Many women do not have a choice about the abuse being inflicted on them in airports.  What about minors? They can’t legally “consent” to this, and it doesn’t seem they can refuse it, either.  Do you seriously argue that a father has the right to force his 17-year-old daughter to let strangers touch her labia?  That a 13-year-old girl doesn’t have enough autonomy to decide for herself whether she is comfortable with a stranger touching her breasts?  And if you advocate forcing this kind of offensive touching on very young women, how do you expect these women to be able to stand up to other strangers who make them uncomfortable?  I want young women to trust that queasy feeling in the pit of their stomachs that says … this isn’t right … and then shouts and yells NO, STOP TOUCHING ME!  You seem to think it’s okay to force them to submit.  I do not.

  • Celt12377

    Everyone responds from their individual experience and perspective. You may interpret my words as “insensitive,” but the same brush can be used on anyone’s words who also declare that all TSO’s are uneducated, power-hungry, sadistic, untrained, lazy, etc., etc. As you say…one size does not fit all. My experience, both as a semi-frequent flyer and as an observer of human behavior, is that some people “doth protest too much, methinks.”

  • http://www.facebook.com/sommer.gentry Sommer Gentry

    There’s no surprise groping, except when there is!   How do you respond to the torrent of reports that women weren’t warned before being violated: Susie Castillo’s story, the news report I linked below,
    the flight attendant Megan N., blogger Erin at Our Little Chatterboxes?

    Here’s what Megan said at http://wewontfly.com/flight-attendant-tsa-sexual-assault-story

    “I was asked by the female TSA agent if I wanted a private screening
    and I said no because I had did not expect what was about to happen.The
    agent went up my right leg first and then met my vagina with full
    force…the same on the other leg with the same result. She then used
    both of her hands to feel my breasts and squeezing them. At this point I
    was in shock.

    When I came out of security my husband asked me.
    “What the hell was that?”. I have never felt so humiliated and violated.
    I have gone through the stages of being a sexual assault victim … Shock, Denial, Blame, Pain, Anger … I have yet to come with the
    Acceptance stage.”

    Here’s a bit of Erin’s story from http://www.ourlittlechatterboxes.com/2010/11/tsa-sexual-assault.html:

    “She reached from behind in the middle of my buttocks towards my vagina area.

    She did not tell me that she was going to touch my buttocks, or reach forward to my vagina area.

    She then moved in front of my and touched the top and underneath portions of both of my breasts.

    She did not tell me that she was going to touch my breasts.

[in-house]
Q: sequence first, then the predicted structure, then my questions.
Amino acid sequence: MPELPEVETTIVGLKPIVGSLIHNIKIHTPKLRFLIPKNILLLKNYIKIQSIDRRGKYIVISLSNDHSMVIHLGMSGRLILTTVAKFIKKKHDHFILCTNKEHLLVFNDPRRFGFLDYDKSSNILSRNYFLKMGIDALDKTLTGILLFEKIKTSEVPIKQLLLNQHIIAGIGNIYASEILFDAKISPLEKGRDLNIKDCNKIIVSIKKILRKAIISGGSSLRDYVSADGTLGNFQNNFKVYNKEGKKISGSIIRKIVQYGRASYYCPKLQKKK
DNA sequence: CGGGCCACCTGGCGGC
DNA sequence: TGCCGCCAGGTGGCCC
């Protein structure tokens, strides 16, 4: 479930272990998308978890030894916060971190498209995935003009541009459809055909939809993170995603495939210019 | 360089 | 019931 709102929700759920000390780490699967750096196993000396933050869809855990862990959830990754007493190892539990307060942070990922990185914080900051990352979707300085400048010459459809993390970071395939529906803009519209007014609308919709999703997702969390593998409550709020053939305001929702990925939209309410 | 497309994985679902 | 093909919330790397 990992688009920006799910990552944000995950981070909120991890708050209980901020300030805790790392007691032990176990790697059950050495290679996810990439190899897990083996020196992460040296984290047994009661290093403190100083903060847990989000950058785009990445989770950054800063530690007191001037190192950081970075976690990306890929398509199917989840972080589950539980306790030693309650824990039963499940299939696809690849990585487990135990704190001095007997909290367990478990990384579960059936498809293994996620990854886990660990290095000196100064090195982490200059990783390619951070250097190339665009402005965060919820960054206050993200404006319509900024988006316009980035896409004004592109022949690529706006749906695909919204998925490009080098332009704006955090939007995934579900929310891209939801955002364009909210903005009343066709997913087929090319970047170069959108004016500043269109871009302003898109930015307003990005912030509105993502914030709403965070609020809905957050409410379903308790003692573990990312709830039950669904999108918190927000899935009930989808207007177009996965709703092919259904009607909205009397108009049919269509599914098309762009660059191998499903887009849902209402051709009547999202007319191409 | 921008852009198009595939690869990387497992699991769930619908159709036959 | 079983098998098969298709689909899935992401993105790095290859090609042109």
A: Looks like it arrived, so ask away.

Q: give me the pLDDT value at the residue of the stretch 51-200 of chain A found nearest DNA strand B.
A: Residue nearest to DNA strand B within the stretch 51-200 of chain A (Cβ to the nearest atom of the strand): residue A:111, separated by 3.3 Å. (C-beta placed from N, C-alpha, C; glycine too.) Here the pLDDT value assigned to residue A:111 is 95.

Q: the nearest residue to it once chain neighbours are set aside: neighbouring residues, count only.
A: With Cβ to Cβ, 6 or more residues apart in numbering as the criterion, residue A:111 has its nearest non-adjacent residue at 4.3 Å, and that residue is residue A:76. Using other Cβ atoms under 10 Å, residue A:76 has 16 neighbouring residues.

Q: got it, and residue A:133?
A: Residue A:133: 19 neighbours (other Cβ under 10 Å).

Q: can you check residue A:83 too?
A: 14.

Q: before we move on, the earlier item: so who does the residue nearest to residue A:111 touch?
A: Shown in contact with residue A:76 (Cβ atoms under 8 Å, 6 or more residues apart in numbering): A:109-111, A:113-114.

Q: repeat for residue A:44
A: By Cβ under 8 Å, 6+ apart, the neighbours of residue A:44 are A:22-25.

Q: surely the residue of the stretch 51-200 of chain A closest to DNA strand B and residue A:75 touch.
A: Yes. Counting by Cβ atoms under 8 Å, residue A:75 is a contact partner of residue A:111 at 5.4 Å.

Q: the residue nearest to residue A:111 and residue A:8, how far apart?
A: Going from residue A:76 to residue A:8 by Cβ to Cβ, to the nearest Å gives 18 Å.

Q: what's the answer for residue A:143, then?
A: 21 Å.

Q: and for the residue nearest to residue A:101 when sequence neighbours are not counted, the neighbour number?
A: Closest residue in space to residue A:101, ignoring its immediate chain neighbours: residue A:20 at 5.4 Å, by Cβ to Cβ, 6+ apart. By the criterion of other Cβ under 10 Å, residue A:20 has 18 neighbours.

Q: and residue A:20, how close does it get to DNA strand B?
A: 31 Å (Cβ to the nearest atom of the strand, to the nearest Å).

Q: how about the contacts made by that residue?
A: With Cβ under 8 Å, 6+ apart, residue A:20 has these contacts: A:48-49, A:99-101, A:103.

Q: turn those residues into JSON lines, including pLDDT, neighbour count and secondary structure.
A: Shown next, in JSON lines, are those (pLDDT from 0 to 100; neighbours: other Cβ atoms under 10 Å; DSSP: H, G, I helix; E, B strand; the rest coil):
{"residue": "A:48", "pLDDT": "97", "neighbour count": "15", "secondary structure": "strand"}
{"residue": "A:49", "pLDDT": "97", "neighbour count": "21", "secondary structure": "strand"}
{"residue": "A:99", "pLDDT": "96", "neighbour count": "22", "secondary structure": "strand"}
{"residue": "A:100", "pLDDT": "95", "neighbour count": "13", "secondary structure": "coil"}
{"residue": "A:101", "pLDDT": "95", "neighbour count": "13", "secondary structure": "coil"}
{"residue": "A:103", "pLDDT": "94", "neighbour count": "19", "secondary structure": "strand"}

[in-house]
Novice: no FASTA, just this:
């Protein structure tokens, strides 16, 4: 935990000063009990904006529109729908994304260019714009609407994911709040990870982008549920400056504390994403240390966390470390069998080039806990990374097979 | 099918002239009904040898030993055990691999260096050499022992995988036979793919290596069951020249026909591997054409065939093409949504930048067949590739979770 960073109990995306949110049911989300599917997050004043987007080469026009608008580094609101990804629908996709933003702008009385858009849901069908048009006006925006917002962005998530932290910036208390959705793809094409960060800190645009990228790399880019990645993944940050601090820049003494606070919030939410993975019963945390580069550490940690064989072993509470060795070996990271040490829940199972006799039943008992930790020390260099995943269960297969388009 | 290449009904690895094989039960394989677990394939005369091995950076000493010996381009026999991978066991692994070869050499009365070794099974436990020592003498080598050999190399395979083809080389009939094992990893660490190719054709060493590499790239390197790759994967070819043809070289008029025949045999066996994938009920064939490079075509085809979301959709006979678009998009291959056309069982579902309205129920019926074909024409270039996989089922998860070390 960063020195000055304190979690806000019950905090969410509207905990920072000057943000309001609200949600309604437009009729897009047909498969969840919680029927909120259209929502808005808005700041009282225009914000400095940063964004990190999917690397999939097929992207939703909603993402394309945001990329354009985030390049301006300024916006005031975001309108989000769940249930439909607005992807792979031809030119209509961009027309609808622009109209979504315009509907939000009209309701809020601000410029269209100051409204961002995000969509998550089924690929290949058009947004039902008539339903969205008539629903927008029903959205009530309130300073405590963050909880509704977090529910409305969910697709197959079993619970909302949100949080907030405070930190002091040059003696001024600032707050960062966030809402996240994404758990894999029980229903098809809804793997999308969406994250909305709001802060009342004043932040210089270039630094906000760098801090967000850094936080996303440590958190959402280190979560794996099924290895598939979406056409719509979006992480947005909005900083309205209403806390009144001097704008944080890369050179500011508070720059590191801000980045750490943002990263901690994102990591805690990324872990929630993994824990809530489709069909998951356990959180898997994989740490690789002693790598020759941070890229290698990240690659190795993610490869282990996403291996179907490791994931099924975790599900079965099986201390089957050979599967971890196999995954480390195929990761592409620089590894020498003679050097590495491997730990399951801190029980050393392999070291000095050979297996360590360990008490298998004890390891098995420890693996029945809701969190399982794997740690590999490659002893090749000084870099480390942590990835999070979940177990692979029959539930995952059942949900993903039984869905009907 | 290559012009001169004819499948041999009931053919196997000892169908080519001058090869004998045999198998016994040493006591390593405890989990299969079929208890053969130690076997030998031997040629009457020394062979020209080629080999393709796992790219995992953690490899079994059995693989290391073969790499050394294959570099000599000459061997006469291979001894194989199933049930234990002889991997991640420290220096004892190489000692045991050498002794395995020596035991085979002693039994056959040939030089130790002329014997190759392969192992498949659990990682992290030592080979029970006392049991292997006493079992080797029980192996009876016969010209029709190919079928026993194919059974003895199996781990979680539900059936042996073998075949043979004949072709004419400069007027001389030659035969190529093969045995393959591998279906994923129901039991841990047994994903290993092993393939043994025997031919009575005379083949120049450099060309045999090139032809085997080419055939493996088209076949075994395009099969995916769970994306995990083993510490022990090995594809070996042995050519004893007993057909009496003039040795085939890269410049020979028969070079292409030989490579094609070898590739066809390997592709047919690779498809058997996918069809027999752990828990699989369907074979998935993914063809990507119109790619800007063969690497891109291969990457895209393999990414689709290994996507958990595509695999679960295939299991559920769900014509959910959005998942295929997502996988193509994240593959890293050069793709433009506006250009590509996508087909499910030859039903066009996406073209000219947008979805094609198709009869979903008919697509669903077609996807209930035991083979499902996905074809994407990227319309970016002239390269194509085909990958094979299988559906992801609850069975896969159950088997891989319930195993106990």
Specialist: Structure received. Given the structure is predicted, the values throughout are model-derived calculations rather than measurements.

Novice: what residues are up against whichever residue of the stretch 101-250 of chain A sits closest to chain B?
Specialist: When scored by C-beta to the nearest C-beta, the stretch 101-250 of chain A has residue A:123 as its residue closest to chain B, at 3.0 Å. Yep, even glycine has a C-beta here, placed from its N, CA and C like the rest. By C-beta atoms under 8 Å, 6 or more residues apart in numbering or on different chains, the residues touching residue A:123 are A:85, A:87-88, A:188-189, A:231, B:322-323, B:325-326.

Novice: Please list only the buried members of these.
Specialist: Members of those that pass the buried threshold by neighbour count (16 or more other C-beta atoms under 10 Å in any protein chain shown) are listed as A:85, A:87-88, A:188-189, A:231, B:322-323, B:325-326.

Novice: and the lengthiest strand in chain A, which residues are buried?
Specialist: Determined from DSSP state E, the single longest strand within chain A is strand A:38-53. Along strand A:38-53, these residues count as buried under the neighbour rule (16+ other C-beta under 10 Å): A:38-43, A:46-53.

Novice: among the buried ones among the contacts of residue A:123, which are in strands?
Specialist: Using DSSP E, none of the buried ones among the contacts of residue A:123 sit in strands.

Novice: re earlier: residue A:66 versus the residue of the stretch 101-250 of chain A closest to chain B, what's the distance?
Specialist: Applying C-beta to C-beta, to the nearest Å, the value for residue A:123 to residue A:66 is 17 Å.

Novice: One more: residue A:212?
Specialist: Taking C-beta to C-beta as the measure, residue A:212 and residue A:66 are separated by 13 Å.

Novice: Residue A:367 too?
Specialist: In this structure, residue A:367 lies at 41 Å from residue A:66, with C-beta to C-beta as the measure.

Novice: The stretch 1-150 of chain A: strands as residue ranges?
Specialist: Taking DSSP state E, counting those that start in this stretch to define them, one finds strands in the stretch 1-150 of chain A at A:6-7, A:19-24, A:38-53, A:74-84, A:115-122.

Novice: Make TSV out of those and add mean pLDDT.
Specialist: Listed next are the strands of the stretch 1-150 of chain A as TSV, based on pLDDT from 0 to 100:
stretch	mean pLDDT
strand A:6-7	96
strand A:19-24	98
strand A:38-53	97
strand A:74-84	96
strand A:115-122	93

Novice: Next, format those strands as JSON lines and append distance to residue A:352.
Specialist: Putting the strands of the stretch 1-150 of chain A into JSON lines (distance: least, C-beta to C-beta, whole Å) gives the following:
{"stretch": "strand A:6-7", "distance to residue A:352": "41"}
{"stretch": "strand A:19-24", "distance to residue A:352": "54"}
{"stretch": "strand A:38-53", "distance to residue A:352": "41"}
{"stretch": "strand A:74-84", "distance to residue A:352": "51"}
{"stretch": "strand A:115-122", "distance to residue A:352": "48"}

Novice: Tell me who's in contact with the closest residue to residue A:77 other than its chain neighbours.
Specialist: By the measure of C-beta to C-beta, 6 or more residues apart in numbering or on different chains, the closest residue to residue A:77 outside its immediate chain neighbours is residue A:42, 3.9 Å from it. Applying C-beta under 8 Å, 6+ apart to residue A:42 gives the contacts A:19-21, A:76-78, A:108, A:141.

She then felt around my waist. She then moved to the bottoms of my legs.

    She then felt my inner thighs and my vagina area, touching both of my labia.

    She did not tell me that she was going to touch my vagina area or my labia.”

    It doesn’t get much more clear and concise than that.  TSA screeners touch people’s genitalia without permission.  That’s a fact.  You can insist on your illusion that these women chose to be violated all you want, but many of us were assaulted against our will and without any prior warning.

  • LeeAnneClark

    So…there it is – you have openly called me a liar. It is impossible to have an intelligent discussion with someone who will simply call me a liar.

    Just FTR – it happened exactly as I said. I was wearing tight black leggings. She made me spread my legs, such that my labia were actually separated. She ran her hand up the inside of my thigh, thumb sticking up, FAST and HARD. Her thumb penetrated between my labia, shoving my leggings up into my vagina.

    This was all done against my will. That, dear, is the very definition of a sexual assault.

    But of course you think I’m making all this up. Oh how I wish I was.

    One other thing: it is exactly my activism to STOP THIS ABUSE that makes me NOT a victim. I refuse to be victimized again…and, unlike you, I am willing to put myself out there to help ensure that no other woman ever has to go through this traumatic experience again.

    But then clearly we are very different kinds of people. (As in…I actually have some humanity, sensitivity, and concern for others.)

  • LeeAnneClark

    Ah, but in Celt’s world…she’s exaggerating. :::rolling eyes::: Remember, if it hasn’t happened to Celt, it hasn’t happened!

  • LeeAnneClark

    Yes, perspective. And that is clearly what you’re lacking. Because it hasn’t happened to you.

    You come back and talk with us when you go through a screening, and someone slams their thumb up into YOUR vagina.

    Until then, bottom line, you have no idea what you’re talking about. It hasn’t happened to you…so from your perspective, it hasn’t happened.